Considering the day we were pleased we found a stellplatz not too far away, had a cuppa, then a gin and contemplated the day watching the sun go down over a wonderful mountain backdrop.

Posted by cjpolley 02:09 Archived in Germany Comments (0)

The Rain in Germany

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Falls mainly on us.
Last year we experienced floods on the Rhein and Moselle and only spent 3 weeks there; this year it rained as soon as we crossed the border, stopped when we saw the Rhein Falls which are in Switzerland and started again as soon as we got back into Germany.
We stayed in a boring car park before heading east to stay between Berchtesgaden and Salzburg to visit both places and had to get off the motorway there was so much rain, even the lorries slowed down!
So hoping for a bit of sun tomorrow because one nuisance is we are stuck in doors and can't ride our bikes in this land of the cycle path or walk and not get soaked.
We hear it's also chilly in the UK.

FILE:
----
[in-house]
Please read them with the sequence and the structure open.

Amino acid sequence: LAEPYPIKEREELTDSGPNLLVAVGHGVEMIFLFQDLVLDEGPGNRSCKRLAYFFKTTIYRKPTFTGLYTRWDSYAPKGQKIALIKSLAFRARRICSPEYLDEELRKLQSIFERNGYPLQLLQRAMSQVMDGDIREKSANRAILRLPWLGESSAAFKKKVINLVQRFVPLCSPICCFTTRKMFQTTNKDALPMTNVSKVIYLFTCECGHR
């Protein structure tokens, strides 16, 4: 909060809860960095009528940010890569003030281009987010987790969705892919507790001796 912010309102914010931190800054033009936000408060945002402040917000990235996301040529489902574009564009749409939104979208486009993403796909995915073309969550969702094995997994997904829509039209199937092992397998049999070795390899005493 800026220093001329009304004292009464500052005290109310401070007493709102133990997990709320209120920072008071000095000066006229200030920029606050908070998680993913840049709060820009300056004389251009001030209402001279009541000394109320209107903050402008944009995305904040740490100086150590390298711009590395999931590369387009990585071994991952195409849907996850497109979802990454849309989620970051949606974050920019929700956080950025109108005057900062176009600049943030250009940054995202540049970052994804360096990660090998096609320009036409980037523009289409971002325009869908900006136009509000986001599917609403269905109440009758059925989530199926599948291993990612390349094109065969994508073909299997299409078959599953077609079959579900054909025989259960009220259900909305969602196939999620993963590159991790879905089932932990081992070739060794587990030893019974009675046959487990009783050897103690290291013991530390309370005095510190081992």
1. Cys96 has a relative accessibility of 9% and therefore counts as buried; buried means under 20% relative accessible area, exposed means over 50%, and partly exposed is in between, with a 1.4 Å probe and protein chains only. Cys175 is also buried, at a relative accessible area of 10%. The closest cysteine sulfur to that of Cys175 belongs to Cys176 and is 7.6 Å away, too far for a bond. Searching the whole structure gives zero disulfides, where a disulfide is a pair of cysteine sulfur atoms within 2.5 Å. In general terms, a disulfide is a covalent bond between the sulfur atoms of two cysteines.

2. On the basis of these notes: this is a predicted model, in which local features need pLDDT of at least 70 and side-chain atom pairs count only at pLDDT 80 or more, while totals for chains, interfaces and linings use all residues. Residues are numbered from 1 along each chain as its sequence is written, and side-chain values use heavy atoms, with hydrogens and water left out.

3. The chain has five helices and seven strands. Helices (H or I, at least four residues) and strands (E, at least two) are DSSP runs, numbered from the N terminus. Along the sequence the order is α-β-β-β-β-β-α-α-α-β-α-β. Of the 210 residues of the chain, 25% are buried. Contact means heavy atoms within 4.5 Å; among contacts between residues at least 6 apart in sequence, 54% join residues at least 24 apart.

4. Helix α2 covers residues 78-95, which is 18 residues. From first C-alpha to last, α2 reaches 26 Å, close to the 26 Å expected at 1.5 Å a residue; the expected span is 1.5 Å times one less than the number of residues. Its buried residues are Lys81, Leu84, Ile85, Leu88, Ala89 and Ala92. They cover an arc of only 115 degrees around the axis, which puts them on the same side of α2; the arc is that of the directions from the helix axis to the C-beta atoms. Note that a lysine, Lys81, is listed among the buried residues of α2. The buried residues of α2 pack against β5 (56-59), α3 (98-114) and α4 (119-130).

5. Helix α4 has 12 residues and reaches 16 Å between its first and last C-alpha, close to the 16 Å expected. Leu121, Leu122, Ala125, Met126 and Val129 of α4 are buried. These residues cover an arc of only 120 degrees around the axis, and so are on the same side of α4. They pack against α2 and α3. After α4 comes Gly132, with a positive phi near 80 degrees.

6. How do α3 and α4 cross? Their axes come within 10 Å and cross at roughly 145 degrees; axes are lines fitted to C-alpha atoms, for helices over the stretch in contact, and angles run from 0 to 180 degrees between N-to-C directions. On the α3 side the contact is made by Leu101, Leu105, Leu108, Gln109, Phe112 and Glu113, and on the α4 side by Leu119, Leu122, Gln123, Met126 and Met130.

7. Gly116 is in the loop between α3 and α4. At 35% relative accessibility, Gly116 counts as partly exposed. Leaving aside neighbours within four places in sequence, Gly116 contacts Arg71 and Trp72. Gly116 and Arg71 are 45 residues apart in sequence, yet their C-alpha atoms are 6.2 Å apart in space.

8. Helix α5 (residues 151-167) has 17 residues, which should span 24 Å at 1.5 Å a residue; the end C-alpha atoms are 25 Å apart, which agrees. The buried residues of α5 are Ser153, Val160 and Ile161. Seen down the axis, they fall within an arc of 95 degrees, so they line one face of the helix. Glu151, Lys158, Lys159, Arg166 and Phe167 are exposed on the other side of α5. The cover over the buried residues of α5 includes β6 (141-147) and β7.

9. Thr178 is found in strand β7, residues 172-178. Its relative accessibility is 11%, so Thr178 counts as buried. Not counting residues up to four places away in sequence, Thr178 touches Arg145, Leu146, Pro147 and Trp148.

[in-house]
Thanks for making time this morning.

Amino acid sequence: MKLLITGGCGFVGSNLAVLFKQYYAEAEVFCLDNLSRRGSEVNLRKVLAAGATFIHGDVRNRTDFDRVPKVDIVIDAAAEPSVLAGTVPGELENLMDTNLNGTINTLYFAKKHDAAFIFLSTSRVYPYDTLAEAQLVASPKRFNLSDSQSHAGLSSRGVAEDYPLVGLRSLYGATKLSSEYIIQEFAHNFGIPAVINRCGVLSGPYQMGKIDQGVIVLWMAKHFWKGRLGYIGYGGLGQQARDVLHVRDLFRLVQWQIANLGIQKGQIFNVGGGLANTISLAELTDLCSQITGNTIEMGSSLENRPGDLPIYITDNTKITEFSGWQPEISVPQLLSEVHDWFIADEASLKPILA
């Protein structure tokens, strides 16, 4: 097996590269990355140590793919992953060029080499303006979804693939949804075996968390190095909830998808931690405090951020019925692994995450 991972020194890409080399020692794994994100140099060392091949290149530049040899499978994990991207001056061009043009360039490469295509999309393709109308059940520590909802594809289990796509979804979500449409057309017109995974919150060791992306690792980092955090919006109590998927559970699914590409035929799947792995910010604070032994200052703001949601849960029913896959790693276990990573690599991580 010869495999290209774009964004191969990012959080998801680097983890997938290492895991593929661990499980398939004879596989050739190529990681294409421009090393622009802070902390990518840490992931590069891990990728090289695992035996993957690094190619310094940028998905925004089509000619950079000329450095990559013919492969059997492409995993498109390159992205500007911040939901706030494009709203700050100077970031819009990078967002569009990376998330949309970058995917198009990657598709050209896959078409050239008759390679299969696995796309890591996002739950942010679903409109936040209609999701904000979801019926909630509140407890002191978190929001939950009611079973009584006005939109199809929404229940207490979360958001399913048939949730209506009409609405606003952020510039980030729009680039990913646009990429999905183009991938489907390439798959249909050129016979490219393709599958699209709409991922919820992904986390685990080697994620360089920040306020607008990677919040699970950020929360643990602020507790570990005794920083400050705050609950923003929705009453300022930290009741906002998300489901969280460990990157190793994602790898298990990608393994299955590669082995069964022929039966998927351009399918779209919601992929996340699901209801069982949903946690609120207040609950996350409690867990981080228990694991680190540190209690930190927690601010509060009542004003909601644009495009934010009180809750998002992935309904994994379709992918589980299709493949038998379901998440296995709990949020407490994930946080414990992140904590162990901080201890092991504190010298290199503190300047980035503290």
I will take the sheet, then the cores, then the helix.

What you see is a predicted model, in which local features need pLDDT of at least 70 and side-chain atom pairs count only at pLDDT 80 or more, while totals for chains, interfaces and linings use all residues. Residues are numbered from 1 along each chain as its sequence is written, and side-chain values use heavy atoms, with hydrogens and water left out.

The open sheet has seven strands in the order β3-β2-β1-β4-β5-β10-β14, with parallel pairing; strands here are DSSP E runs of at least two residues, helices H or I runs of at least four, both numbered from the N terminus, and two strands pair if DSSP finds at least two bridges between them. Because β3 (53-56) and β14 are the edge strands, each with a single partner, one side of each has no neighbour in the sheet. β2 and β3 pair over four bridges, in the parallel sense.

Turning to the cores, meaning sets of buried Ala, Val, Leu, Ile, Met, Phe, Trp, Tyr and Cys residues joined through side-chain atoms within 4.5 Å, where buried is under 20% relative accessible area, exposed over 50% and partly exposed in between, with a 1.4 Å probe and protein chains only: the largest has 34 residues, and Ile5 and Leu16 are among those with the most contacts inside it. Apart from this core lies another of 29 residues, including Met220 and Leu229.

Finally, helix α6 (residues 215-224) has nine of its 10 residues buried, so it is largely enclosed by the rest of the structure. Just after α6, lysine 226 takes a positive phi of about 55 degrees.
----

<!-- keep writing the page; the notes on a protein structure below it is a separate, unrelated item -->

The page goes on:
Posted by cjpolley 10:29 Archived in Germany Comments (2)

Year II Stats

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So this year Jacqui and I have travelled 9711 miles, 1000 less than the first year. We used 1633 litres of diesel @ 27 mpg, a little less than the first year.
For once UK fuel was not the most expensive, Italy had that humour @ €1.37 pl and Spain had the cheapest @ €1.02 pl, with the average cost @ €1.15 pl.
Friday sailed through the MOT and the tyres have now done 20 000 miles and the tyre guy said they were only half way down to the wear markers. So Continental Vanco tyres gets our vote.
We travelled through 14 countries if we include nipping into and out of Switzerland.

Unplanned third year now encounter to eastern Europe, watch this space, blog, whatever! 😉

Posted by cjpolley 03:19 Archived in Germany Comments (1)